WE TAKE OUR NAVY—AND ITS GLOBAL DOMINANCE—FOR GRANTED
BUT HOW ARE WE GOING TO COPE IN AN AGE OF MATURE PRECISION STRIKE? AND WHY SHOULD OUR LAND BASED FORCES FEEL ANY SAFER?
A military friend of mine—who worked for the Chief of Staff of the Army at the time—once memorably commented that we lacked a National Strategy, and so stumbled into one war after another, primarily driven by a combination of arrogance, ignorance, commercial interests—and the knowledge that we were the biggest kid on the block (so couldn’t lose).
In truth, all he said was that we lacked a strategy—the rest is mine—but I have to say that I think our combined opinion has considerable validity.
We don’t seem to know where we are going—let alone how to get there. And we don’t seem to be that good at winning wars either (even little ones).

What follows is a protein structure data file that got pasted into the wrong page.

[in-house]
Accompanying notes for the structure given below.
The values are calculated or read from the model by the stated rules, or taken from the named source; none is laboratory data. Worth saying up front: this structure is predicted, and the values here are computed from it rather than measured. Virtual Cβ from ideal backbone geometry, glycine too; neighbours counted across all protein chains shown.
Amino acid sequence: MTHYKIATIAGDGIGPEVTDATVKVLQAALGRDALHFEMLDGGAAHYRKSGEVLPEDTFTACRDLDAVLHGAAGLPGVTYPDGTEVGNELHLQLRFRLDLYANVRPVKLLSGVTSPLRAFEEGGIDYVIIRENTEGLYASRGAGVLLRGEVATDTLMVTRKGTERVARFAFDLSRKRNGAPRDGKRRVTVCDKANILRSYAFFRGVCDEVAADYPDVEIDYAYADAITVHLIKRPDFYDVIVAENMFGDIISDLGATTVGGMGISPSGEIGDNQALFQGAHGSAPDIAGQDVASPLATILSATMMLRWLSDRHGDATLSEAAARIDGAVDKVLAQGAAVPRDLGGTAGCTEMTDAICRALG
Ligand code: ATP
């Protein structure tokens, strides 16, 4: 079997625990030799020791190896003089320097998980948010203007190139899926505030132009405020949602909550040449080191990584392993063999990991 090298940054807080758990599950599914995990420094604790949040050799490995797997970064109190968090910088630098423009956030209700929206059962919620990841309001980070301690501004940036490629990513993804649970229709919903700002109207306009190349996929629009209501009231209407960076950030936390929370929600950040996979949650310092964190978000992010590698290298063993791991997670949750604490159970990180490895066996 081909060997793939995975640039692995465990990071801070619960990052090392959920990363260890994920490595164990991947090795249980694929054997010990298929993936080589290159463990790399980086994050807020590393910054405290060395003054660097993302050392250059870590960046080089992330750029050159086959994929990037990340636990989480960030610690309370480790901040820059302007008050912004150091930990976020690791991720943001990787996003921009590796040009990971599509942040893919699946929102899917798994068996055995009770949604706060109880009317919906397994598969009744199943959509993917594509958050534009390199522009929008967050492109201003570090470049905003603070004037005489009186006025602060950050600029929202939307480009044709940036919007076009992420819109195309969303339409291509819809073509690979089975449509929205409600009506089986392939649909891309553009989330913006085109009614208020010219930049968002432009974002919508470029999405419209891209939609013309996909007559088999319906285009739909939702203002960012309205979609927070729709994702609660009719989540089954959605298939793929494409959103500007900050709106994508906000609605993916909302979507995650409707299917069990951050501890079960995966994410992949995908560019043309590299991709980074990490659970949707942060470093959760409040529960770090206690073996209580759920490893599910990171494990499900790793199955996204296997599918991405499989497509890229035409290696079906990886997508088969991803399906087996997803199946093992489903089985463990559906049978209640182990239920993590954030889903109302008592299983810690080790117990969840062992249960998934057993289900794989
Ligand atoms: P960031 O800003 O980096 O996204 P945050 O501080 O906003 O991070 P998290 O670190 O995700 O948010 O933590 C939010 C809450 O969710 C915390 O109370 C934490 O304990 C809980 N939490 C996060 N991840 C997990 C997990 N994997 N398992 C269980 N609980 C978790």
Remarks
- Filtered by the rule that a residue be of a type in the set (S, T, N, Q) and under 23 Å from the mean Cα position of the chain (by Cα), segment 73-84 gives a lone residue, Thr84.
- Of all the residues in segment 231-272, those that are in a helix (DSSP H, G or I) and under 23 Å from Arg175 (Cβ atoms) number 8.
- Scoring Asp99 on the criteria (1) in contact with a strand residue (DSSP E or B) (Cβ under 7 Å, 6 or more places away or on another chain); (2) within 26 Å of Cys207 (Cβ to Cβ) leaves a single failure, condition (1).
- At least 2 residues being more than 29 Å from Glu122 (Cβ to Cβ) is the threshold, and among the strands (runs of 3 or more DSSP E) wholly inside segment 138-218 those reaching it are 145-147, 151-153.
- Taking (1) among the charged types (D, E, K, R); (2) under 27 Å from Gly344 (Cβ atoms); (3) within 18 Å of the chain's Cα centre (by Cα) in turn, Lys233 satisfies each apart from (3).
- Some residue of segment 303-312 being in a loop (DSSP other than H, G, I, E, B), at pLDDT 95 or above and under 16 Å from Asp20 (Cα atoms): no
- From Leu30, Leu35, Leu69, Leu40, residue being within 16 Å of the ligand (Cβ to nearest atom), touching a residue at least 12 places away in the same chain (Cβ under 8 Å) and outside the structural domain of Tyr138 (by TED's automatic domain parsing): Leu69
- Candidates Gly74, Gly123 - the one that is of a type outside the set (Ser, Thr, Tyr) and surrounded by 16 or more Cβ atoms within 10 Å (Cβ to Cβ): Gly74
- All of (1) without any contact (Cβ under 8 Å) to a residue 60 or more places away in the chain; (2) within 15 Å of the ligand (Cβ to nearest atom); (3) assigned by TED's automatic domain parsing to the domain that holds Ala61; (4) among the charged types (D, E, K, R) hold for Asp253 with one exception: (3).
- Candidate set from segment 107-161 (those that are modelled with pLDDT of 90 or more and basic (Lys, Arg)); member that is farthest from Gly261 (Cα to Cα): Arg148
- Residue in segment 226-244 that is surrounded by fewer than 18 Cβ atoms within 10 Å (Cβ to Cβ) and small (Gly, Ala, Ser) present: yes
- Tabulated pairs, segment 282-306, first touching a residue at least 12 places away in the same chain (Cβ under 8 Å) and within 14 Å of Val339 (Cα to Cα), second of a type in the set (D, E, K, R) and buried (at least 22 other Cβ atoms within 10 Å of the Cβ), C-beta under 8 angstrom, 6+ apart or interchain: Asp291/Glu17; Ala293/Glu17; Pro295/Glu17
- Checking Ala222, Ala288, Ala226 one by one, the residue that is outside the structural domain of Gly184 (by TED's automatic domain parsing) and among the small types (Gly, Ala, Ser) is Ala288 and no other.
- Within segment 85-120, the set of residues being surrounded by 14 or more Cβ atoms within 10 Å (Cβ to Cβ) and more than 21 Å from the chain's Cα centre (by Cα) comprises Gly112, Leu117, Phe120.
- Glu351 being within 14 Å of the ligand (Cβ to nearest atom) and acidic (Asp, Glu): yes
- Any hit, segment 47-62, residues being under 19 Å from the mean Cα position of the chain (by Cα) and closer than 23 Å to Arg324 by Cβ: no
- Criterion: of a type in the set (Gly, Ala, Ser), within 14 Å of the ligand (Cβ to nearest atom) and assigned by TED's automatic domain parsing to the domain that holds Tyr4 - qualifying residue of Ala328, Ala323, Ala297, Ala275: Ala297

Look at Yemen right now. The only winner in Yemen to date is Iran—which is enjoying equal success in Iraq, and may well win out in Syria as well.
That isn’t making our ally, Saudi Arabia, too happy—because, sooner or later, Iran is going to gobble them up (or their surrogates will).
Is that bad?
Think before you answer.
Frankly, it doesn’t matter too much if we lose out in these relatively minor conflicts—at least in the short term.
However, we have been so preoccupied playing whack-a-mole with sundry insurgents—who seem to re-emerge under a different name no matter how many we kill—that it is far from certain we are ready for a real shooting war with a first rank enemy.
It strikes me that it would be a fine thing if we played less with our military toys—fun through that is (I speak from experience) and got vastly better at the less glamorous business of ensuring peace, and re-building America.
For that we’d need a National Strategy—or is it downright un-American to plan?
I get the impression that all too many think it is .
VOR words 337.